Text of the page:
"The Settlement Houses ... is an experimental effort to aid in the solution of the social and industrial problems which are engendered by the modern conditions of life in a great city. It insists that these problems are not confined to any one portion of the city. It is an attempt to relieve, at the same time, the over accumulation at one end of society and the destitution at the other ..."
Jane Addams- A warm soul
I believe in an individual's obligation to help his or her community, but also I think the government could help make Americans' lives safer and healthier. In my childhood experiences, it taught me the importance of helping those worse off then myself.
That's why after the Hull house came affected, I also pushed creation of a juvenile-court system. Because they were cold and hungry, immigrant children sometimes broke the law. If they were arrested and found guilty, these youths could be sent to jail with hardened adult criminals.
So partly because of my efforts, the juvenile court heard cases involving young offenders. If found guilty, they were placed in the care of probation officers or sent to a clean detention center. The first probation officers were the Hull House staff members.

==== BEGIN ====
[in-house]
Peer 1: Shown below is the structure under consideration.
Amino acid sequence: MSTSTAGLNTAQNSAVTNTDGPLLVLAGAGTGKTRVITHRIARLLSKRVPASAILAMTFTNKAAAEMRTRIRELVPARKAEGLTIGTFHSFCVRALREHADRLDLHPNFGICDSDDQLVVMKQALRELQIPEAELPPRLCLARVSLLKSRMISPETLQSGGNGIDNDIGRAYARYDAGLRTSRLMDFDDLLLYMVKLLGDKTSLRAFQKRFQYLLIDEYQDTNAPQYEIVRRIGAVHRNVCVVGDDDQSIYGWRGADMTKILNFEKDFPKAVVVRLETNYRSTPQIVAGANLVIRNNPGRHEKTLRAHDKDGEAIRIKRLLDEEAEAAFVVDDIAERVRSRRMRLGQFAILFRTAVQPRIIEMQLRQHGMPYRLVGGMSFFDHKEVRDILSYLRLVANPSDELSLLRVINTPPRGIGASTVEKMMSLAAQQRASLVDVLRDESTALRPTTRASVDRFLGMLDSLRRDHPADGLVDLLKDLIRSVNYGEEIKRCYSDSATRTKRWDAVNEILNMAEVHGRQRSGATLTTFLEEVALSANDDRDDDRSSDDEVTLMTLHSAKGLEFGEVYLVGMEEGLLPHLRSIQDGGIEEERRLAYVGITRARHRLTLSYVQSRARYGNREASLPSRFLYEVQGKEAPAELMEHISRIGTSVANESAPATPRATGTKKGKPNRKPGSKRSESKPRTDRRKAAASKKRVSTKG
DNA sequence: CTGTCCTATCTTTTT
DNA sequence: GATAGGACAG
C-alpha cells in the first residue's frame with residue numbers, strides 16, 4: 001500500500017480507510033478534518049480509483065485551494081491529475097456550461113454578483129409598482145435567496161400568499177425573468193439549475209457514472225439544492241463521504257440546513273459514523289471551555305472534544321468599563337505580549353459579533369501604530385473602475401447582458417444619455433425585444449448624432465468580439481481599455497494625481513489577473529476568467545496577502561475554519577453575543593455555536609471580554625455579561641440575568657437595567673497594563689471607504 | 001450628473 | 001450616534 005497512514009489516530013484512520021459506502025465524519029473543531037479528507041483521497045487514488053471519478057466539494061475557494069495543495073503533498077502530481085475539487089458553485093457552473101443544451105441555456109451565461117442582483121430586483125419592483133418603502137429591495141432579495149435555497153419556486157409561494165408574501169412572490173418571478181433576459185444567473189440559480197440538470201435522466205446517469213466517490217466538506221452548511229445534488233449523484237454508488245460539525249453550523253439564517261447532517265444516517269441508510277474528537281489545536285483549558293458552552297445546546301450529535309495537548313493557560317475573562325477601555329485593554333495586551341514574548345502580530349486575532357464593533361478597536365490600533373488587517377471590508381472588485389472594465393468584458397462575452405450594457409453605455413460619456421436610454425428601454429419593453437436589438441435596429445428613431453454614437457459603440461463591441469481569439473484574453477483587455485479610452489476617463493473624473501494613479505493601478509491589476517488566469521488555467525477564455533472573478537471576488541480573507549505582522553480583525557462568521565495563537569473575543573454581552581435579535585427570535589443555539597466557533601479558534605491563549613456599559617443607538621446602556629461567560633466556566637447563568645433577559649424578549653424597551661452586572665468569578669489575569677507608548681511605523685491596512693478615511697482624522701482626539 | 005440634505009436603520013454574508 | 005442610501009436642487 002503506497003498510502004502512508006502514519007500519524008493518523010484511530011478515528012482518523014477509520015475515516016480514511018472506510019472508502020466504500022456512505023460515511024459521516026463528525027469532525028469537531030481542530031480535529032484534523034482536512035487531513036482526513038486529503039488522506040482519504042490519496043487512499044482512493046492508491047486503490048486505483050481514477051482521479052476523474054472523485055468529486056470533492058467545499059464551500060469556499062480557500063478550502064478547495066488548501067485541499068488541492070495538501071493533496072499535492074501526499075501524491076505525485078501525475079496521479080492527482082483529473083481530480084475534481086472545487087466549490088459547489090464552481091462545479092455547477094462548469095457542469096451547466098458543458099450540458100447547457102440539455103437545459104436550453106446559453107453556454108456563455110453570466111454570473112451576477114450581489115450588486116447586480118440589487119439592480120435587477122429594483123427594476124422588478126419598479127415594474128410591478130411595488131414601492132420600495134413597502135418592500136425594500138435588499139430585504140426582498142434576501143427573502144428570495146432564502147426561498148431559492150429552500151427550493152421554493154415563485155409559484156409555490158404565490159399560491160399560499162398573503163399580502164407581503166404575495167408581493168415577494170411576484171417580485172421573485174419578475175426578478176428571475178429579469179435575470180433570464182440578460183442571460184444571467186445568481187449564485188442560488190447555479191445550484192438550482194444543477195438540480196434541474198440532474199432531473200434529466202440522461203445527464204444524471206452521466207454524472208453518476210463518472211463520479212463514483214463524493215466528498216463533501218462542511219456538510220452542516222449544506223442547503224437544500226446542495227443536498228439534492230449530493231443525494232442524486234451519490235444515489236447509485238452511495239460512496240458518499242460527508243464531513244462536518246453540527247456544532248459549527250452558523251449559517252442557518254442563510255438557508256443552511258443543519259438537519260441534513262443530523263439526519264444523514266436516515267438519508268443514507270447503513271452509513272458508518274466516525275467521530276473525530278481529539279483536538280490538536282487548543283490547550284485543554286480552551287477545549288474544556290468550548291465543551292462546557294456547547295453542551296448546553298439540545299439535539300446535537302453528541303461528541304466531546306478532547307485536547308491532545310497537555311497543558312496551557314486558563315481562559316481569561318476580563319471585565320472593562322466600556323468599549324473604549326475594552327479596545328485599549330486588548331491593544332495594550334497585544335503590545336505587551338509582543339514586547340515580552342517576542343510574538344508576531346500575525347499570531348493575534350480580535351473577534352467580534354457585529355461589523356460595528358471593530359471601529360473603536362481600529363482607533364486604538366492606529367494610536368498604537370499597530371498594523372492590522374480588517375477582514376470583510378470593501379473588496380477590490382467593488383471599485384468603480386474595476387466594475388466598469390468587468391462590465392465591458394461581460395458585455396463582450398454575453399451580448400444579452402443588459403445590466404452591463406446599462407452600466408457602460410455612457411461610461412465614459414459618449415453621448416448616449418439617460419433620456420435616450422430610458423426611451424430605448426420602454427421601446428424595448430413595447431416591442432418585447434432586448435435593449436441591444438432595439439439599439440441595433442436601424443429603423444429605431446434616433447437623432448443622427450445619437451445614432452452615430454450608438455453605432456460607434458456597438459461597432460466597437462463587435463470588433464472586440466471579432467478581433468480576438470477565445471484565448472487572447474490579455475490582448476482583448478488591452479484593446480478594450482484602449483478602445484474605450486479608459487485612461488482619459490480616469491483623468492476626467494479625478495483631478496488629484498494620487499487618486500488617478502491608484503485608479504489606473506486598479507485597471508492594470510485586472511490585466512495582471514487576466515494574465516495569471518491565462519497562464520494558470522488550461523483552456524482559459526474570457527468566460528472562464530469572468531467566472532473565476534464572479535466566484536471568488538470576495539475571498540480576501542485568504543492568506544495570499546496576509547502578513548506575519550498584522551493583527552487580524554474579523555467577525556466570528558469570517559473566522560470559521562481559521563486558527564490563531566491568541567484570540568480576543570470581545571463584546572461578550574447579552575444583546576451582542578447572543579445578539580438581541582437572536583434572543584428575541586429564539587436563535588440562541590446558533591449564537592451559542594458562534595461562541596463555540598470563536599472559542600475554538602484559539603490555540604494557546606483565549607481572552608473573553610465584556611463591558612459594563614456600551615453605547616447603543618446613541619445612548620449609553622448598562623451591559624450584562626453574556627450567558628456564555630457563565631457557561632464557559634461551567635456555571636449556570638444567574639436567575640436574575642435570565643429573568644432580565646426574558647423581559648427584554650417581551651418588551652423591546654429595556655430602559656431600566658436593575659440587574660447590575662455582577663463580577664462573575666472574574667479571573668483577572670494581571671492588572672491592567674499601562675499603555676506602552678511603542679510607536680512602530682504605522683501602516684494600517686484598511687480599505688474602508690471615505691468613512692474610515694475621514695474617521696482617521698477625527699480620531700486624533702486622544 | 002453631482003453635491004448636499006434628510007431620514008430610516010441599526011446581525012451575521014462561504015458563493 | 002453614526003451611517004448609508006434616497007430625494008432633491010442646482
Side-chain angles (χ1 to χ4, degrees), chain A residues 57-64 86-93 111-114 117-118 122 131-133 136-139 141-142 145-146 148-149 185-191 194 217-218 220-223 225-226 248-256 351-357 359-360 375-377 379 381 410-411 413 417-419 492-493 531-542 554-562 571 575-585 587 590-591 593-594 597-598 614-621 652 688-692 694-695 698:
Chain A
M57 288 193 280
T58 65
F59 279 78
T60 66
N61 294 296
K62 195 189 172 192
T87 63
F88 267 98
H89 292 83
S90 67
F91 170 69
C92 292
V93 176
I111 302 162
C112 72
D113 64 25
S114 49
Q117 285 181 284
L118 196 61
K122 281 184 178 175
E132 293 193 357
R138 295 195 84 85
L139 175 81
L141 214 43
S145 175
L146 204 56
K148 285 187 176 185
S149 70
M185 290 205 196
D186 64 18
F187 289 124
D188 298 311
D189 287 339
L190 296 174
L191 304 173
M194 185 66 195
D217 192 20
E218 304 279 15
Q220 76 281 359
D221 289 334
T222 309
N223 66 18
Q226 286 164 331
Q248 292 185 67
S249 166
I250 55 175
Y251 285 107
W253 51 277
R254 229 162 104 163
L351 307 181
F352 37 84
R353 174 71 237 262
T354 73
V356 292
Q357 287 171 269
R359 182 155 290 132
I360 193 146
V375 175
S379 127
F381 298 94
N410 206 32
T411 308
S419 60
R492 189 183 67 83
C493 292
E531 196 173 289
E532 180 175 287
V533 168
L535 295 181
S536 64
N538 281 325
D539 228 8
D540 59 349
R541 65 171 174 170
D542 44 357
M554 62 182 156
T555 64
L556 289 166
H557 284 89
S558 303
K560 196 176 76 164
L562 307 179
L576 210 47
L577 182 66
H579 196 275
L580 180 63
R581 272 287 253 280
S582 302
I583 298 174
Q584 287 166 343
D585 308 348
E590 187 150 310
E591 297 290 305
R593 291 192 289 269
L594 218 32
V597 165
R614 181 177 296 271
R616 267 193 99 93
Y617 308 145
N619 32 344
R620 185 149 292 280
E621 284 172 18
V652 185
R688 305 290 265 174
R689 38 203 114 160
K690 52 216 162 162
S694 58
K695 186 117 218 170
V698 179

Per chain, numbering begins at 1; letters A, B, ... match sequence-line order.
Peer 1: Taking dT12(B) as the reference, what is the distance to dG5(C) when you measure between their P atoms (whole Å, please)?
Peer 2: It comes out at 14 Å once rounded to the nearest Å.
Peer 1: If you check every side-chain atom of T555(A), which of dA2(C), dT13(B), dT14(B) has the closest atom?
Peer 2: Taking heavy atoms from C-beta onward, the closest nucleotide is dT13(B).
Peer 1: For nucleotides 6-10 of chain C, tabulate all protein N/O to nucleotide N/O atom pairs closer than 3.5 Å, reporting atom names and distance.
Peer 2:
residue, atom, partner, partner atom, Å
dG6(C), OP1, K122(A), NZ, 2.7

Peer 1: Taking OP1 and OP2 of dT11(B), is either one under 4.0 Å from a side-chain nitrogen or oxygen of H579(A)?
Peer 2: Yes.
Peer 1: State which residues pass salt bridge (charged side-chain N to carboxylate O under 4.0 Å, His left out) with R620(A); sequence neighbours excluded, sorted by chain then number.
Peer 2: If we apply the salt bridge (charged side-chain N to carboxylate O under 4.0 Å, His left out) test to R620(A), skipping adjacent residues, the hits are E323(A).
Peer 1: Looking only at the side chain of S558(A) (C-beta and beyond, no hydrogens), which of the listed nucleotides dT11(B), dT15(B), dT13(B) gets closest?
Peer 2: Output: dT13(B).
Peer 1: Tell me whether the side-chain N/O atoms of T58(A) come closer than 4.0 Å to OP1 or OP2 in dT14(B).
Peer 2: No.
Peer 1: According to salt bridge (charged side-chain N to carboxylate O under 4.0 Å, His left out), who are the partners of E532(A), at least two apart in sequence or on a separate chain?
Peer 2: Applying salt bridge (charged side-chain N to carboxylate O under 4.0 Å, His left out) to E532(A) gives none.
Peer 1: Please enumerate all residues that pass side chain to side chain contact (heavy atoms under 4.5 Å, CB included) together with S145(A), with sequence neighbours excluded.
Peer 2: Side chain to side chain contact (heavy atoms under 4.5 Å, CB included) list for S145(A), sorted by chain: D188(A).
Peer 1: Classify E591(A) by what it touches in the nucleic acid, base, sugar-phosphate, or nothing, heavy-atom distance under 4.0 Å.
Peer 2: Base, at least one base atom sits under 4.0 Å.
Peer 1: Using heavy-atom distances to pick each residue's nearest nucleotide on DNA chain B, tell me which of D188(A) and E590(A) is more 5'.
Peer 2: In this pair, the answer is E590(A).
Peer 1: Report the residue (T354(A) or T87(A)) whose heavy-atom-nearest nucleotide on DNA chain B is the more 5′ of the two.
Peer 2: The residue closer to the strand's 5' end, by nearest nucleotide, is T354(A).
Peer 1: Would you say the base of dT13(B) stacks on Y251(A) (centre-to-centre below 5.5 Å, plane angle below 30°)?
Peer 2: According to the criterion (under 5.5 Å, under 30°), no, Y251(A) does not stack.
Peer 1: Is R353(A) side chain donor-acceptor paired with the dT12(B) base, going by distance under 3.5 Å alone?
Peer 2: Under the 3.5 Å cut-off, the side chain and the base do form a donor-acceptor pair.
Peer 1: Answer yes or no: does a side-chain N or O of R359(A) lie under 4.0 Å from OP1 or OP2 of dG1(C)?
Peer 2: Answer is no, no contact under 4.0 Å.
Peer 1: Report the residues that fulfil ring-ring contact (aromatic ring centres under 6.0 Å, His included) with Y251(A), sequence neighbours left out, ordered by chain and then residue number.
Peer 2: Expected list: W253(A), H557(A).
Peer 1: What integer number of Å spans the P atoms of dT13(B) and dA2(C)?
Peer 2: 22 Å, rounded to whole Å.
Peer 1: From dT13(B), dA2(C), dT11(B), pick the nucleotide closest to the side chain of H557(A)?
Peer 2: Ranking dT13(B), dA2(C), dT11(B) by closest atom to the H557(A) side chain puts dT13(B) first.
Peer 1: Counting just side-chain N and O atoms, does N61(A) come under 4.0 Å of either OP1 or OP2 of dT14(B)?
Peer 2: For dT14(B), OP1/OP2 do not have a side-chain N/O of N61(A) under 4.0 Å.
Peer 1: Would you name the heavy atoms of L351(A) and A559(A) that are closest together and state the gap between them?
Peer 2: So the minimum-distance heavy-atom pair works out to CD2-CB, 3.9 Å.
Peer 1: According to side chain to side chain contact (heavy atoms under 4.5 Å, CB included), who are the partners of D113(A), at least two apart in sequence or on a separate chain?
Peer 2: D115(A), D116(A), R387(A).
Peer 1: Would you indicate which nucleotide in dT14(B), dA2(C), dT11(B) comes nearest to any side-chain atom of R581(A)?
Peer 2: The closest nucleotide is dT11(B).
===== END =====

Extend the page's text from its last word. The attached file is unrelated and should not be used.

Civil Rights era
-Martin Luther King Jr.
MLK- The King himself
My purpose was to be there where ever there was injustice, where ever there was protest, and where ever there was action taken, I was their leader, their guide through all this darkness.
I do no harm; I believe nonviolence is the answer, because fists wont get us anywhere. I'm sure you agree with me Miss Addams. As you already know, I'm doing something no one else will do. As in my own words, "Non-violence is a powerful and just weapon which cuts without wounding and ennobles the man who wields it."
But my peaceful forms of protest were often met with vicious threats, arrests, beatings, and worse. My philosophy of "tough-mindedness and tenderheartedness" was not only highly effective, but it gave the civil rights movement an inspiring moral authority and grace.
Dear Mr. Luther,
It wasn't just that you became the leader of the civil rights movement that made you so extraordinary—it was the way in which you led the movement. You did marches, boycotts, strikes, and voter-registration drives, and refused to obey laws that you knew were wrong and unjust. Just like how I feel about children having to go to jail just because they were too poor and so hungry that they had to steal food to stay alive.
You are a true inspiration, MLK.
Hull House gave them an opportunity to use their education and it provided a training ground for careers in social work. You also joined Women's Suffrage on top of all.
We need more people like you in this earth, and a little praising from others is sometimes a little appreciation we show our gratitude on your hard work. Thank you Miss Addams, I hope to converse with you again soon.